# Schwarz–Christoffel mapping

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In complex analysis, a Schwarz–Christoffel mapping is a conformal map of the upper half-plane or the complex unit disk onto the interior of a simple polygon. Such a map is guaranteed to exist by the Riemann mapping theorem (stated by Bernhard Riemann in 1851); the Schwarz–Christoffel formula provides an explicit construction. They were introduced independently by Elwin Christoffel in 1867 and Hermann Schwarz in 1869.

Schwarz–Christoffel mappings are used in potential theory and some of its applications, including minimal surfaces, hyperbolic art, and fluid dynamics.

## Definition

Consider a polygon in the complex plane. The Riemann mapping theorem implies that there is a biholomorphic mapping f from the upper half-plane

$\{\zeta \in \mathbb {C} :\operatorname {Im} \zeta >0\}$ to the interior of the polygon. The function f maps the real axis to the edges of the polygon. If the polygon has interior angles $\alpha ,\beta ,\gamma ,\ldots$ , then this mapping is given by

$f(\zeta )=\int ^{\zeta }{\frac {K}{(w-a)^{1-(\alpha /\pi )}(w-b)^{1-(\beta /\pi )}(w-c)^{1-(\gamma /\pi )}\cdots }}\,\mathrm {d} w$ where $K$ is a constant, and $a are the values, along the real axis of the $\zeta$ plane, of points corresponding to the vertices of the polygon in the $z$ plane. A transformation of this form is called a Schwarz–Christoffel mapping.

The integral can be simplified by mapping the point at infinity of the $\zeta$ plane to one of the vertices of the $z$ plane polygon. By doing this, the first factor in the formula becomes constant and so can be absorbed into the constant $K$ . Conventionally, the point at infinity would be mapped to the vertex with angle $\alpha$ .

In practice, to find a mapping to a specific polygon one needs to find the $a values which generate the correct polygon side lengths. This requires solving a set of nonlinear equations, and in most cases can only be done numerically.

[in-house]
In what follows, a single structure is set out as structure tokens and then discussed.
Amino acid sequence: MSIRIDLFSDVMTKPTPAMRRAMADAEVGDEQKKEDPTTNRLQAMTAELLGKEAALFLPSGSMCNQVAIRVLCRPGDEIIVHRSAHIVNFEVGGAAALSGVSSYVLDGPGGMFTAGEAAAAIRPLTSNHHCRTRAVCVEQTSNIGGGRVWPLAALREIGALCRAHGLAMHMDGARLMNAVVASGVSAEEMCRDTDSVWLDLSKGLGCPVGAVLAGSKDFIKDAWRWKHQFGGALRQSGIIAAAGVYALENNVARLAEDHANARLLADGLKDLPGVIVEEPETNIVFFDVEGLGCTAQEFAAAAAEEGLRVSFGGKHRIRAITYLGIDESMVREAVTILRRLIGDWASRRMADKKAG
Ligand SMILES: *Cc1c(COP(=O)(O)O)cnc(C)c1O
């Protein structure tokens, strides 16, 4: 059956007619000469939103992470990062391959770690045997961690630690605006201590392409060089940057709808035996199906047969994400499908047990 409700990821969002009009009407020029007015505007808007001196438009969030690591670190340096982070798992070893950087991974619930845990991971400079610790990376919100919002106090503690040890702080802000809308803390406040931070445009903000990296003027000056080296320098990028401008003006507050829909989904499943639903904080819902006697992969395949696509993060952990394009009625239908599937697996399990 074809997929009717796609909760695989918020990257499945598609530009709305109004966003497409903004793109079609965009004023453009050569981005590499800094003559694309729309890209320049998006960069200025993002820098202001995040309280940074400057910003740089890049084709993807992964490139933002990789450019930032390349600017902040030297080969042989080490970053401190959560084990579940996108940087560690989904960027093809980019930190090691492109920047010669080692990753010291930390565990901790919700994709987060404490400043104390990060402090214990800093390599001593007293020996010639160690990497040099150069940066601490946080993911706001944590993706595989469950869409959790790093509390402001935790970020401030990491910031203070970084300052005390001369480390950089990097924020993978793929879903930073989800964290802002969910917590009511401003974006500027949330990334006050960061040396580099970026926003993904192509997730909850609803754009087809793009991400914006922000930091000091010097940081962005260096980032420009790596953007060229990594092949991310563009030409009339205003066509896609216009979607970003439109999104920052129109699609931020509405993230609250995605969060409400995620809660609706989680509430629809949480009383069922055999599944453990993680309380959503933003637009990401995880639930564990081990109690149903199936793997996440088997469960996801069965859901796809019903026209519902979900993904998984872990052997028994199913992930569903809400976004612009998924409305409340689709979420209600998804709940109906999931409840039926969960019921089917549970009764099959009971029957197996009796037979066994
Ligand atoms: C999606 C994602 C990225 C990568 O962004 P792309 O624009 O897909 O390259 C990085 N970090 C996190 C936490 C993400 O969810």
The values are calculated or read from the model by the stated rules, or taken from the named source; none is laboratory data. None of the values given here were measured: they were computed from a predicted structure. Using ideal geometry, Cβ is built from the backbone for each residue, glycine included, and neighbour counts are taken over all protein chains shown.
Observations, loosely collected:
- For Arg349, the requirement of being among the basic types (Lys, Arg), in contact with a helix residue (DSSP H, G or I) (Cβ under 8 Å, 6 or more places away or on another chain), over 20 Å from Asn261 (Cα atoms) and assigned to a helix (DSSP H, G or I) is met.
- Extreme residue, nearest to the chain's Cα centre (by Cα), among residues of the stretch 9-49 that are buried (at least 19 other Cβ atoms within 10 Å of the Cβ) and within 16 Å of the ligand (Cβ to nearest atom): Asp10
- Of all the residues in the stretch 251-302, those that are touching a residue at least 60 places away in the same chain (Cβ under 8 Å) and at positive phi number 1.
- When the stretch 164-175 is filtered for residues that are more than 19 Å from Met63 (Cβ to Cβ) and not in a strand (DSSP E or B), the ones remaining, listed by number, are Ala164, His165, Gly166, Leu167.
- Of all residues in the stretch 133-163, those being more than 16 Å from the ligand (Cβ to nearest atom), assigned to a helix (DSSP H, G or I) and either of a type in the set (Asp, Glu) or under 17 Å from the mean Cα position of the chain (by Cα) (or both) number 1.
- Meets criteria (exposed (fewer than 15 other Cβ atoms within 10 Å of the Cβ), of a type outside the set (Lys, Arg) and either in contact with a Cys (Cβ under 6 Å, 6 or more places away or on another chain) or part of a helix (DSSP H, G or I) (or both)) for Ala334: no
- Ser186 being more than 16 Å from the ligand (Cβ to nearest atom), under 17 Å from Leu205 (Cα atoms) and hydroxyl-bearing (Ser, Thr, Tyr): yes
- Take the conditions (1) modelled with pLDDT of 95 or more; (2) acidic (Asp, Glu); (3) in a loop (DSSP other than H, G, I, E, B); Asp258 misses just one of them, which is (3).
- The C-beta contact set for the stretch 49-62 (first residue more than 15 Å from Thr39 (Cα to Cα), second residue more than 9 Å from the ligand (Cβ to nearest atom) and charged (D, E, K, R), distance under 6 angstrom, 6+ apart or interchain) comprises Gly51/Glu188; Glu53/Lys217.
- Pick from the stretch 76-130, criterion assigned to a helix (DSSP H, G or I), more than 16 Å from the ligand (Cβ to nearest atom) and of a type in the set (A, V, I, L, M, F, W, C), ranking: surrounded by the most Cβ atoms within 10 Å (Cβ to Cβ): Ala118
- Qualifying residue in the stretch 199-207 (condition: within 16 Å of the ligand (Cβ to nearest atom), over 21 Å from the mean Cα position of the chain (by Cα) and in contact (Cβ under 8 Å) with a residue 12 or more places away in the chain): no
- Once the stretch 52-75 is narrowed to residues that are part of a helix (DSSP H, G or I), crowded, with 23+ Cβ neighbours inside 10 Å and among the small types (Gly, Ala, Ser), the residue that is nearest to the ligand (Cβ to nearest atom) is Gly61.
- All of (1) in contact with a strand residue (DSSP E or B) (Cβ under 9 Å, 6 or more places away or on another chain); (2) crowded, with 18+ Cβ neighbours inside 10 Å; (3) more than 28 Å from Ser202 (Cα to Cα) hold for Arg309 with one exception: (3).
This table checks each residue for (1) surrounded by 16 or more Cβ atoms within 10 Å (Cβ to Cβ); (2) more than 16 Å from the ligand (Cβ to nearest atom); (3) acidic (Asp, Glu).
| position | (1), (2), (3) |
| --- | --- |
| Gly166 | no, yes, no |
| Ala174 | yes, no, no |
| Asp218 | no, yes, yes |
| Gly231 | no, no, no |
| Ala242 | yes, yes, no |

## Example

Consider a semi-infinite strip in the z plane. This may be regarded as a limiting form of a triangle with vertices P = 0, Q = π i, and R (with R real), as R tends to infinity. Now α = 0 and β = γ = π2 in the limit. Suppose we are looking for the mapping f with f(−1) = Q, f(1) = P, and f(∞) = R. Then f is given by

$f(\zeta )=\int ^{\zeta }{\frac {K}{(w-1)^{1/2}(w+1)^{1/2}}}\,\mathrm {d} w.\,$ Evaluation of this integral yields

$z=f(\zeta )=C+K\operatorname {arcosh} \zeta ,$ where C is a (complex) constant of integration. Requiring that f(−1) = Q and f(1) = P gives C = 0 and K = 1. Hence the Schwarz–Christoffel mapping is given by

$z=\operatorname {arcosh} \zeta .$ This transformation is sketched below. Schwarz–Christoffel mapping of the upper half-plane to the semi-infinite strip

## Other simple mappings

### Triangle

A mapping to a plane triangle with interior angles $\pi a,\,\pi b$ and $\pi (1-a-b)$ is given by

$z=f(\zeta )=\int ^{\zeta }{\frac {dw}{(w-1)^{1-a}(w+1)^{1-b}}},$ which can be expressed in terms of hypergeometric functions.

### Square

The upper half-plane is mapped to the square by

$z=f(\zeta )=\int ^{\zeta }{\frac {\mathrm {d} w}{\sqrt {w(1-w^{2})}}}={\sqrt {2}}\,F\left({\sqrt {\zeta +1}};{\sqrt {2}}/2\right),$ where F is the incomplete elliptic integral of the first kind.

### General triangle

The upper half-plane is mapped to a triangle with circular arcs for edges by the Schwarz triangle map.